A recently released report claims that Internet Explorer 8 (IE8) is more than twice as effective at blocking malware sites than its nearest rival.
According to NSS Labs Inc., which conducted the Microsoft-sponsored study, IE8 blocked 69% of the 492 malware-distributing Web sites that were included in the survey data. Mozilla Corp.'s Firefox, meanwhile, blocked only 30% of those same sites.
"I was surprised that IE8 did as well as it did," Rick Moy, the president of NSS Labs, said in an interview Tuesday. "But Microsoft has put a lot of effort into security in IE8."
NSS tested six Windows-based browsers -- IE8 RC1, Firefox 3.0.7, Safari 3, Chrome 1.0.154, Opera 9.64 and IE7 -- against so-called "socially engineered" malware: Sites that dupe visiting users into downloading attack code. Typically, the download is disguised, often as an update to popular software such as Adobe's Flash Player.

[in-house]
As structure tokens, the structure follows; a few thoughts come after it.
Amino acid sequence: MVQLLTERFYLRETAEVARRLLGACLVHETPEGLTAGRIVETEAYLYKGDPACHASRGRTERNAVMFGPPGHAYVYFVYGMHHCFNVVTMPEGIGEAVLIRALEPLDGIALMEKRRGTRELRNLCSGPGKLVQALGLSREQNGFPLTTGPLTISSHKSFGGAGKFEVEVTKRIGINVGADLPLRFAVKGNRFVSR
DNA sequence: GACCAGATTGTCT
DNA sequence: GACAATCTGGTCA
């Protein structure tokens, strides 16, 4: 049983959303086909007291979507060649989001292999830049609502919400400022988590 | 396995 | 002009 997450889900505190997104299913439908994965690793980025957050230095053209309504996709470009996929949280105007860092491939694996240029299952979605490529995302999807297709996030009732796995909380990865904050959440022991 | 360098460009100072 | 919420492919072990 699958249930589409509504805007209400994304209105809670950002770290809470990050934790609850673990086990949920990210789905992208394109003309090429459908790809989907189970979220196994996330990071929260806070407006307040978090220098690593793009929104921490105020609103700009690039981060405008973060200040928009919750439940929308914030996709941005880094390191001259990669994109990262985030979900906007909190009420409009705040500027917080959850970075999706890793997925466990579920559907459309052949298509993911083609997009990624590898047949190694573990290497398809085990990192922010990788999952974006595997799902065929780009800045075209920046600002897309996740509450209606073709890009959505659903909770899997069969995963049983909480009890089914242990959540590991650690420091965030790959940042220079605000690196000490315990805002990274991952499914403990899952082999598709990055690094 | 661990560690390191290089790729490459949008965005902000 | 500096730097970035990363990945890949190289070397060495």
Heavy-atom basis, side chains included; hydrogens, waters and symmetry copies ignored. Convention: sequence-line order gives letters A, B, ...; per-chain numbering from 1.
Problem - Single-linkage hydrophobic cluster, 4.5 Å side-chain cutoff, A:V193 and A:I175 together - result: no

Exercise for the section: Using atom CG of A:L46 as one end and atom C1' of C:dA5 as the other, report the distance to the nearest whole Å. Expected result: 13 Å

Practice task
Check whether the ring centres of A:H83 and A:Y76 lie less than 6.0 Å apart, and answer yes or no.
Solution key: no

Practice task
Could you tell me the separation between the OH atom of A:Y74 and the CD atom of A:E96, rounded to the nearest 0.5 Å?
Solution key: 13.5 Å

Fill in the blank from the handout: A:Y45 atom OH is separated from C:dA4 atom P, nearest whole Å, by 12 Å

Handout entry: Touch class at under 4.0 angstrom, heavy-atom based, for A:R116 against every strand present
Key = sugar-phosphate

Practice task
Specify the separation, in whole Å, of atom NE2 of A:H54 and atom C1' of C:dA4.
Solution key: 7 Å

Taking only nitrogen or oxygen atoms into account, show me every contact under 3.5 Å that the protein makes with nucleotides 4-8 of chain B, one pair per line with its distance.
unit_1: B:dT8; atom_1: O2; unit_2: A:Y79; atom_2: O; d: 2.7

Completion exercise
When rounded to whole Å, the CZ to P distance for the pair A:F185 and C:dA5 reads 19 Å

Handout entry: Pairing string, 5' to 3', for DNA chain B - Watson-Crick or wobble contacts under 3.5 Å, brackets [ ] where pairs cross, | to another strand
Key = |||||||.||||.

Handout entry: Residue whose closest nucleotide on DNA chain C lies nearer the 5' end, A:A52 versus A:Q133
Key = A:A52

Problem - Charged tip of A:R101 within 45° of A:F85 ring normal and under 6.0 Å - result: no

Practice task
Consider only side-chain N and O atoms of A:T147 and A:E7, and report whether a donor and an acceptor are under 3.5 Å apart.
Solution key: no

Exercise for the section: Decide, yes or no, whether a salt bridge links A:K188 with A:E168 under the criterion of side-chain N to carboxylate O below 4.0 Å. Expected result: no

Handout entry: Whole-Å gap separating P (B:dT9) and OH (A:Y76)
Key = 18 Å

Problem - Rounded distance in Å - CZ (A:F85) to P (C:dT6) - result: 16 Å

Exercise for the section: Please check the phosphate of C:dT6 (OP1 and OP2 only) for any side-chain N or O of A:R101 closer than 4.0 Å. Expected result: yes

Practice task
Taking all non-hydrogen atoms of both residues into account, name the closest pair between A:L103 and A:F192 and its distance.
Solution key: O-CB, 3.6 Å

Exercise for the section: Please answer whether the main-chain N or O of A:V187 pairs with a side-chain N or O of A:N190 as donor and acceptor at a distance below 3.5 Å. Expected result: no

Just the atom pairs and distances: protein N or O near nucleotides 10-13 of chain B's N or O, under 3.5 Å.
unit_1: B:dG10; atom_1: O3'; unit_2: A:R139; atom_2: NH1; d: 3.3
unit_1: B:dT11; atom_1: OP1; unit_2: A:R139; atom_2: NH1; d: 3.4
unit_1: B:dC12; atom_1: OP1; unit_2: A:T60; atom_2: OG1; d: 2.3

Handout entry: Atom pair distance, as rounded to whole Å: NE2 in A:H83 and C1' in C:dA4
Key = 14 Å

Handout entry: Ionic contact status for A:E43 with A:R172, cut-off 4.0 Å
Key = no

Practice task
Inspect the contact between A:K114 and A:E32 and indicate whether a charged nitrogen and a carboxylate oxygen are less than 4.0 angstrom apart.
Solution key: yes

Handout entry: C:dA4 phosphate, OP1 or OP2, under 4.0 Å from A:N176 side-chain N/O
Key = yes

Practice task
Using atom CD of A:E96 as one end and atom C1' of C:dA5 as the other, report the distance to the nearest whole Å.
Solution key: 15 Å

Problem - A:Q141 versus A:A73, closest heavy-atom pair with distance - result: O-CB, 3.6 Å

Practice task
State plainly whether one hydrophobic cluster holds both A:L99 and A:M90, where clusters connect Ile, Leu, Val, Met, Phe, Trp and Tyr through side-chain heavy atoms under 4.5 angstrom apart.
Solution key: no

The tests did not include sites that attack browsers without any user interaction, an increasingly common tactic by hackers who often infect legitimate sites with kits that try a number of different exploits in the hope of compromising an unpatched PC.
To defend against the kind of malware sites that NSS tested, browser makers have been adding anti-malware features to their software. Mozilla, for example, added malware site blocking to Firefox 3.0, which shipped last June.
All browsers that include such a tool -- or anti-phishing tools, which operate in a similar fashion -- rely on a "blacklist" of some sort. The list, which includes known or suspected malware sites, is used to display warnings before a user reaches a site, but after the URL is typed in.
The other browsers trailed IE8 and Firefox in NSS' tests. Apple Inc.'s Safari, for example, blocked 24% of the malware sites, even though Version 3.2 doesn't have an explicit anti-malware tool. Moy said he believed that Safari's anti-phishing tool, which Apple added in November 2008, may have triggered the blocks, since many phishing sites also distribute malware if they're unable to trick users into giving up their identity information through other tactics. "Or maybe Apple started seeding its [anti-phishing] list with malware sites before it launched the beta of Safari 4," Moy said.